W3C home > Mailing lists > Public > public-html@w3.org > February 2011

Re: An inherent flaw in <canvas>?

From: Tab Atkins Jr. <jackalmage@gmail.com>
Date: Mon, 31 Jan 2011 17:14:33 -0800
Message-ID: <AANLkTin90TT0PRzs5rDG60KzpocUY9ZHDtHmDbDy9zYQ@mail.gmail.com>
To: Aryeh Gregor <Simetrical+w3c@gmail.com>
Cc: Justin Anthony Knapp <justinkoavf@gmail.com>, public-html@w3.org
On Mon, Jan 31, 2011 at 4:45 PM, Aryeh Gregor <Simetrical+w3c@gmail.com> wrote:
> On Mon, Jan 31, 2011 at 1:50 PM, Tab Atkins Jr. <jackalmage@gmail.com> wrote:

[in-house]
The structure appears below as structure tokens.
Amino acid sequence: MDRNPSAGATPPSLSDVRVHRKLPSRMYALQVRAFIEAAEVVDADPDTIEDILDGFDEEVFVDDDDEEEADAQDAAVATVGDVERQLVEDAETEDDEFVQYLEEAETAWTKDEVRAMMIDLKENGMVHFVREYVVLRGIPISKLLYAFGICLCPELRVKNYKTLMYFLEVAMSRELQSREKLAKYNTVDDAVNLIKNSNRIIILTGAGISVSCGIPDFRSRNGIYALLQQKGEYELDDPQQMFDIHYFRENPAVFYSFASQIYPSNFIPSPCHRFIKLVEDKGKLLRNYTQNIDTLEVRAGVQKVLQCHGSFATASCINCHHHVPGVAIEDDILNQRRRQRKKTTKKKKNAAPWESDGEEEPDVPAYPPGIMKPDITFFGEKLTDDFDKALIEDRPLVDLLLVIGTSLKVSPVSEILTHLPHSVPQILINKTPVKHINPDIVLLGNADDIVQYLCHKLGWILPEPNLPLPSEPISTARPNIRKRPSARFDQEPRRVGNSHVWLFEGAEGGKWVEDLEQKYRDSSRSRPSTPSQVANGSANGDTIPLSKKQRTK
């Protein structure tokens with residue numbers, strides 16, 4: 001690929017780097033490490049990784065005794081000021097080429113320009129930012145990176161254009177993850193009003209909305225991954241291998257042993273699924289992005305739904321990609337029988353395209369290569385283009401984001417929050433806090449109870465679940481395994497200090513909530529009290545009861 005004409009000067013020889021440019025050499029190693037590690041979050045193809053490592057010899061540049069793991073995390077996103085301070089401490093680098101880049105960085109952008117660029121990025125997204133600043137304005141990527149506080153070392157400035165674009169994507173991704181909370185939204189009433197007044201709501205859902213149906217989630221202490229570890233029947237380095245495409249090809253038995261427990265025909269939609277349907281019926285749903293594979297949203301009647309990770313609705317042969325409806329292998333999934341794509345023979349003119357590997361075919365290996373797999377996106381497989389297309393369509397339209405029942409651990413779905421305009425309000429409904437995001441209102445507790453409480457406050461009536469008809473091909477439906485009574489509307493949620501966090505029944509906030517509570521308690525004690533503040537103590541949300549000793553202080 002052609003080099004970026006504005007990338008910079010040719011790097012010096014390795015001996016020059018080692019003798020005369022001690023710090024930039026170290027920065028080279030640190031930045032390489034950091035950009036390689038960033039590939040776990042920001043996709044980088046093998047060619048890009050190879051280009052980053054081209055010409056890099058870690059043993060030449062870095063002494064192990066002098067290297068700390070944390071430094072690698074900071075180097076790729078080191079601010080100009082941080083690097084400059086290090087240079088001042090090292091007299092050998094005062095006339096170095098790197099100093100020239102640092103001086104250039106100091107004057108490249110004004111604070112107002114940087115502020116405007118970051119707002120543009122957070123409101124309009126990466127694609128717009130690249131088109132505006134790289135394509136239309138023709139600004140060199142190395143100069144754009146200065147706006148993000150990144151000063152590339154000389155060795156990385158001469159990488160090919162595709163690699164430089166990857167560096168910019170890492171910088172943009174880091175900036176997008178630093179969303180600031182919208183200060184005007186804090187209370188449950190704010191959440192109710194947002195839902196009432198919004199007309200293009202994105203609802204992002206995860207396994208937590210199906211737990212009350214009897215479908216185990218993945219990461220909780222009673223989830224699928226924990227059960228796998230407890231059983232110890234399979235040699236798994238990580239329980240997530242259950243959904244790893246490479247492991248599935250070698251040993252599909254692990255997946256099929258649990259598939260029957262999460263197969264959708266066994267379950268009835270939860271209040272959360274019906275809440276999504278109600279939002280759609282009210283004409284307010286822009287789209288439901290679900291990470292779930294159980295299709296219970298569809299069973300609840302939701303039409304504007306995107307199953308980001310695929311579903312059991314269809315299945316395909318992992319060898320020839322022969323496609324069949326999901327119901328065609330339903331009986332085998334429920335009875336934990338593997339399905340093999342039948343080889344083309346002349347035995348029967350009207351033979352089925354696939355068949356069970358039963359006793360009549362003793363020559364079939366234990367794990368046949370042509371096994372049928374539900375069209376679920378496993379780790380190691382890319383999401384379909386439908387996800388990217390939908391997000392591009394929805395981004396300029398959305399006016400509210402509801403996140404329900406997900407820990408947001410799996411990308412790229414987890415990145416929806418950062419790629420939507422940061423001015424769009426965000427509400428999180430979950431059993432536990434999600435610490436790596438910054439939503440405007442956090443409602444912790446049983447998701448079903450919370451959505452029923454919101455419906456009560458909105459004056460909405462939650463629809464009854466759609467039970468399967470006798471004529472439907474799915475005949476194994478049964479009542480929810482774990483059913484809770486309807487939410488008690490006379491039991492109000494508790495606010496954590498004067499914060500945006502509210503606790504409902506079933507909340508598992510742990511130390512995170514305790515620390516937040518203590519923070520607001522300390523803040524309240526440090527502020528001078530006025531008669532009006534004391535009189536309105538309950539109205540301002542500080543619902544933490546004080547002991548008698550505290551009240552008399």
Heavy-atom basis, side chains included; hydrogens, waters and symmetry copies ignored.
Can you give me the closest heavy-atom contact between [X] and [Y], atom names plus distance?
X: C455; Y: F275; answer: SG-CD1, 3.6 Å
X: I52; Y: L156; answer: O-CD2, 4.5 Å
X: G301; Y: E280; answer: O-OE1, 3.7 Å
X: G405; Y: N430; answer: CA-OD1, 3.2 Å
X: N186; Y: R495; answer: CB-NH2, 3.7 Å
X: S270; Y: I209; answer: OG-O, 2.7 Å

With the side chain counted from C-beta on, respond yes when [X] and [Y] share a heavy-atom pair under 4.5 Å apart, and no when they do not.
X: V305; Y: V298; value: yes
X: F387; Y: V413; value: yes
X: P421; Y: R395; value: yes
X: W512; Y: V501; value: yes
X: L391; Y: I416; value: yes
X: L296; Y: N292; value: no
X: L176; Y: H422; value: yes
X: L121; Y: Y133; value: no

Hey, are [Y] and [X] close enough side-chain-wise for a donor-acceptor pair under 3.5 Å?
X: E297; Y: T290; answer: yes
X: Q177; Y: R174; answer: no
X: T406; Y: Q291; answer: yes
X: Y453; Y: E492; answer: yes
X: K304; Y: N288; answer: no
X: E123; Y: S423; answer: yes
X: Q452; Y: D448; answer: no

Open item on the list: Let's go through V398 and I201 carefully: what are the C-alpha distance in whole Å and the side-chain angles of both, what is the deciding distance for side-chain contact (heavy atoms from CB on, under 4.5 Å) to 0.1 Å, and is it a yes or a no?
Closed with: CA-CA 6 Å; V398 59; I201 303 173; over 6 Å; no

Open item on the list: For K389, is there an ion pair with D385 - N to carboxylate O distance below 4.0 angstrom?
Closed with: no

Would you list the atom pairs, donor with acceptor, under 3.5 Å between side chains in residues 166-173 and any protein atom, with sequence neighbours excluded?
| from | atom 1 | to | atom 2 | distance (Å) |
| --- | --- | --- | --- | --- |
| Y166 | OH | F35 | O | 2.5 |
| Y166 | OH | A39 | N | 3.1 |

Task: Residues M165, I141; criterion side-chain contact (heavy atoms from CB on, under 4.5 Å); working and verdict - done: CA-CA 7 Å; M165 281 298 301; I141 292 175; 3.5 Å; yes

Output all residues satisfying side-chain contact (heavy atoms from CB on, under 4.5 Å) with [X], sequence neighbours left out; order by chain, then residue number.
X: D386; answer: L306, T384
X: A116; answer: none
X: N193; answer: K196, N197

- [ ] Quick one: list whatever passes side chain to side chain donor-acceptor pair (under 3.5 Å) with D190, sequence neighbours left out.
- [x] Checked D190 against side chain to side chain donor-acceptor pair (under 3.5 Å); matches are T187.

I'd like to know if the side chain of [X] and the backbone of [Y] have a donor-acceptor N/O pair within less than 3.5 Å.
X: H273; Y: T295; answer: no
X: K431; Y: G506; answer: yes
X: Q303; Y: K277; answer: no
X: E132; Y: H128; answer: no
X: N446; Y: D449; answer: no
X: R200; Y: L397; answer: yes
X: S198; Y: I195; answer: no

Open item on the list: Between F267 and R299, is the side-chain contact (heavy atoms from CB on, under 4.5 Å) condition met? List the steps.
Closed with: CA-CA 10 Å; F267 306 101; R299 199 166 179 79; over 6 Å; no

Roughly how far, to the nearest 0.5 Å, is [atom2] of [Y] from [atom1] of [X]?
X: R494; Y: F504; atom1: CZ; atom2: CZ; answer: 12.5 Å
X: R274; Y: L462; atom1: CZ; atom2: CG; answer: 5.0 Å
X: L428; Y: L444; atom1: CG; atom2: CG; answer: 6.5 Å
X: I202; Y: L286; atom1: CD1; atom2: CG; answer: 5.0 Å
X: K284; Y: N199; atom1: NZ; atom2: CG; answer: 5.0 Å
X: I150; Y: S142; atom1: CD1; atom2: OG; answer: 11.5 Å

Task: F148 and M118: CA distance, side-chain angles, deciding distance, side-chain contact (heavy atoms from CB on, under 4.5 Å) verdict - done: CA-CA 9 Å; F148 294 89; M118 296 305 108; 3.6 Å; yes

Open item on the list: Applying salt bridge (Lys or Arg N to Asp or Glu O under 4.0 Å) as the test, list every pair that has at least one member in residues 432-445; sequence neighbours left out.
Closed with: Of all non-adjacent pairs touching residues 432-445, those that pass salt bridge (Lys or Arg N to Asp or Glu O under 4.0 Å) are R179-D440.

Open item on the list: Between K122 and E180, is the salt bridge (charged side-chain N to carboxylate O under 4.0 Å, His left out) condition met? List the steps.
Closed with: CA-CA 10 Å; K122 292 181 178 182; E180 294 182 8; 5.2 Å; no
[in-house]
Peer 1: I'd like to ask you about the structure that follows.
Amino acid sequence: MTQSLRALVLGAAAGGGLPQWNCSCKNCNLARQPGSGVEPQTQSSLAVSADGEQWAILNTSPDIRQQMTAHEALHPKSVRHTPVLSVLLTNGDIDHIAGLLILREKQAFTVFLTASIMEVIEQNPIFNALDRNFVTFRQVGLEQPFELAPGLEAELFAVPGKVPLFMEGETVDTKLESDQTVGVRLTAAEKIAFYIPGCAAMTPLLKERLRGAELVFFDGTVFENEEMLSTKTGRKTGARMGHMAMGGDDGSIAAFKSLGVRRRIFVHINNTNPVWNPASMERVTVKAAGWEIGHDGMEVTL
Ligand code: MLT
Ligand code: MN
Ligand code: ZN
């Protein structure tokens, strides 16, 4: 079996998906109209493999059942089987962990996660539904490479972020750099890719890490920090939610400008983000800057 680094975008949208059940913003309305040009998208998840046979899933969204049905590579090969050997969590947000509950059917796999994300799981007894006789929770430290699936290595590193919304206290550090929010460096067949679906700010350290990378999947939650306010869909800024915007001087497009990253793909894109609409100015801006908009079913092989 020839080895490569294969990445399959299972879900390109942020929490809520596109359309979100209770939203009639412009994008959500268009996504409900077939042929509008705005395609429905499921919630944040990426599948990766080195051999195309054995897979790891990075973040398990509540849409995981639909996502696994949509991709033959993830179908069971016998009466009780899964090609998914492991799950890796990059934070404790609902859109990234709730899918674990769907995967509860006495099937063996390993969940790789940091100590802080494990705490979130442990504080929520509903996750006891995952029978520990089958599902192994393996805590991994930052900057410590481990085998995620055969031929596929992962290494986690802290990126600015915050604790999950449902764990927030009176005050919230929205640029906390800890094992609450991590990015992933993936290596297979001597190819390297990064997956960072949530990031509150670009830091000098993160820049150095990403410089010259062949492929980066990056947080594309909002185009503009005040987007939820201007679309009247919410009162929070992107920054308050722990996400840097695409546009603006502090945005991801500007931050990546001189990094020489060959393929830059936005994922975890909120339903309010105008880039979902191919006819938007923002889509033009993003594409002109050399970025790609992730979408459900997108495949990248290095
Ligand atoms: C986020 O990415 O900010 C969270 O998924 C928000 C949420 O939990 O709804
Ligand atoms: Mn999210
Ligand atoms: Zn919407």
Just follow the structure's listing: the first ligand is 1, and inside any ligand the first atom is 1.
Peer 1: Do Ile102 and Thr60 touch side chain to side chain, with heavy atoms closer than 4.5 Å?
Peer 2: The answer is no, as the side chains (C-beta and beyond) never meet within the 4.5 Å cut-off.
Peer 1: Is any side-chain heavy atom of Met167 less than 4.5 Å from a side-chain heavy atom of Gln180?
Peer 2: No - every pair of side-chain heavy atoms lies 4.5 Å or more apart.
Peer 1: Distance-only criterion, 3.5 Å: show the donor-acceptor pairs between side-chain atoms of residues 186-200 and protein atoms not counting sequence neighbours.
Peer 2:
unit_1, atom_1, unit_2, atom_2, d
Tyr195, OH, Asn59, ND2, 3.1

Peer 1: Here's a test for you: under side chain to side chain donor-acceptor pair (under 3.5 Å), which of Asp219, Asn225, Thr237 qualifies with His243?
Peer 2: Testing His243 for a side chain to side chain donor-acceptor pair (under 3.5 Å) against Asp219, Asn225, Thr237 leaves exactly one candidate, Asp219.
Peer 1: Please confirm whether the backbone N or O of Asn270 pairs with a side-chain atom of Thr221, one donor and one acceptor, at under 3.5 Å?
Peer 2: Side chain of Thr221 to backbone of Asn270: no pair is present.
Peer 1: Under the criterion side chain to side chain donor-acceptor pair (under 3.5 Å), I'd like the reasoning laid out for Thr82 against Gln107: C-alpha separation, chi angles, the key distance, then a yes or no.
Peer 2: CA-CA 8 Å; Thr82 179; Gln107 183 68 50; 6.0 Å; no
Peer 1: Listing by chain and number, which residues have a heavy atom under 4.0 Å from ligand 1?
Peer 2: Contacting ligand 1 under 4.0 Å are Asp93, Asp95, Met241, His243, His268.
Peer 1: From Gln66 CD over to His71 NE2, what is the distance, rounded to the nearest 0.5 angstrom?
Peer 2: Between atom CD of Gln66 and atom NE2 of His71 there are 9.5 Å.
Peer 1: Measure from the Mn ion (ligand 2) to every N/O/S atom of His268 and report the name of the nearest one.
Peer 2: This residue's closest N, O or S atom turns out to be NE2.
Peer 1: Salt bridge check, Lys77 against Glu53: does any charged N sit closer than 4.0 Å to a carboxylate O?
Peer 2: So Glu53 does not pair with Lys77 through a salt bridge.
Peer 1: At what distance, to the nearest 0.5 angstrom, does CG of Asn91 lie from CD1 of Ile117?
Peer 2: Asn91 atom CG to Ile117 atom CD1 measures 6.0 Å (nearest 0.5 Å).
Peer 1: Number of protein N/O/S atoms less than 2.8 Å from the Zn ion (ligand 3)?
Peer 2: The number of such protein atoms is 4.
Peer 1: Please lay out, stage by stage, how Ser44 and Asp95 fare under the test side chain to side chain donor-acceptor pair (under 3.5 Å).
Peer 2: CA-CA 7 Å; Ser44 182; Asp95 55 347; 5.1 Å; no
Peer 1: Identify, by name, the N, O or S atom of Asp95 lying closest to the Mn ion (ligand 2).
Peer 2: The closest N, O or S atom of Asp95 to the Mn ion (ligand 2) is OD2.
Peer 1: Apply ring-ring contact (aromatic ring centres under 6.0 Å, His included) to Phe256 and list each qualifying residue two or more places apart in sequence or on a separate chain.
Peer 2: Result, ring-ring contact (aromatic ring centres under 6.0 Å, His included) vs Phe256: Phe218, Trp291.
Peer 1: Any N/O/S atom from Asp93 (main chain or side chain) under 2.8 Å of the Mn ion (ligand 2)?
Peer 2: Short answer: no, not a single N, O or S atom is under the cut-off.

>> No.  It's a fundamental restriction of an immediate-mode,
>> one-shape-at-a-time API that this sort of thing will happen,
>> especially if anti-aliasing is involved.
>
> The Flash version of the program looks like it's using an
> immediate-mode, one-shape-at-a-time API:
>
> https://github.com/petewarden/stitchingbug/blob/master/FlashVersion/src/StitchingTest.mxml
>
> But it apparently doesn't exhibit the problem.  Surely there's some
> trick you could use to avoid the problem a lot of the time in
> practice.

Right; I corrected myself in my comment on the dude's actual website.

>From what I know, Flash uses oversampling without AA to avoid jaggies.
 This is totatlly doable by browsers (that's the whole reason
ImageData has its own width and height), but nobody's gone for
high-resolution backing stores yet.

~TJ
Received on Tuesday, 1 February 2011 01:15:27 UTC

This archive was generated by hypermail 2.3.1 : Monday, 29 September 2014 09:39:22 UTC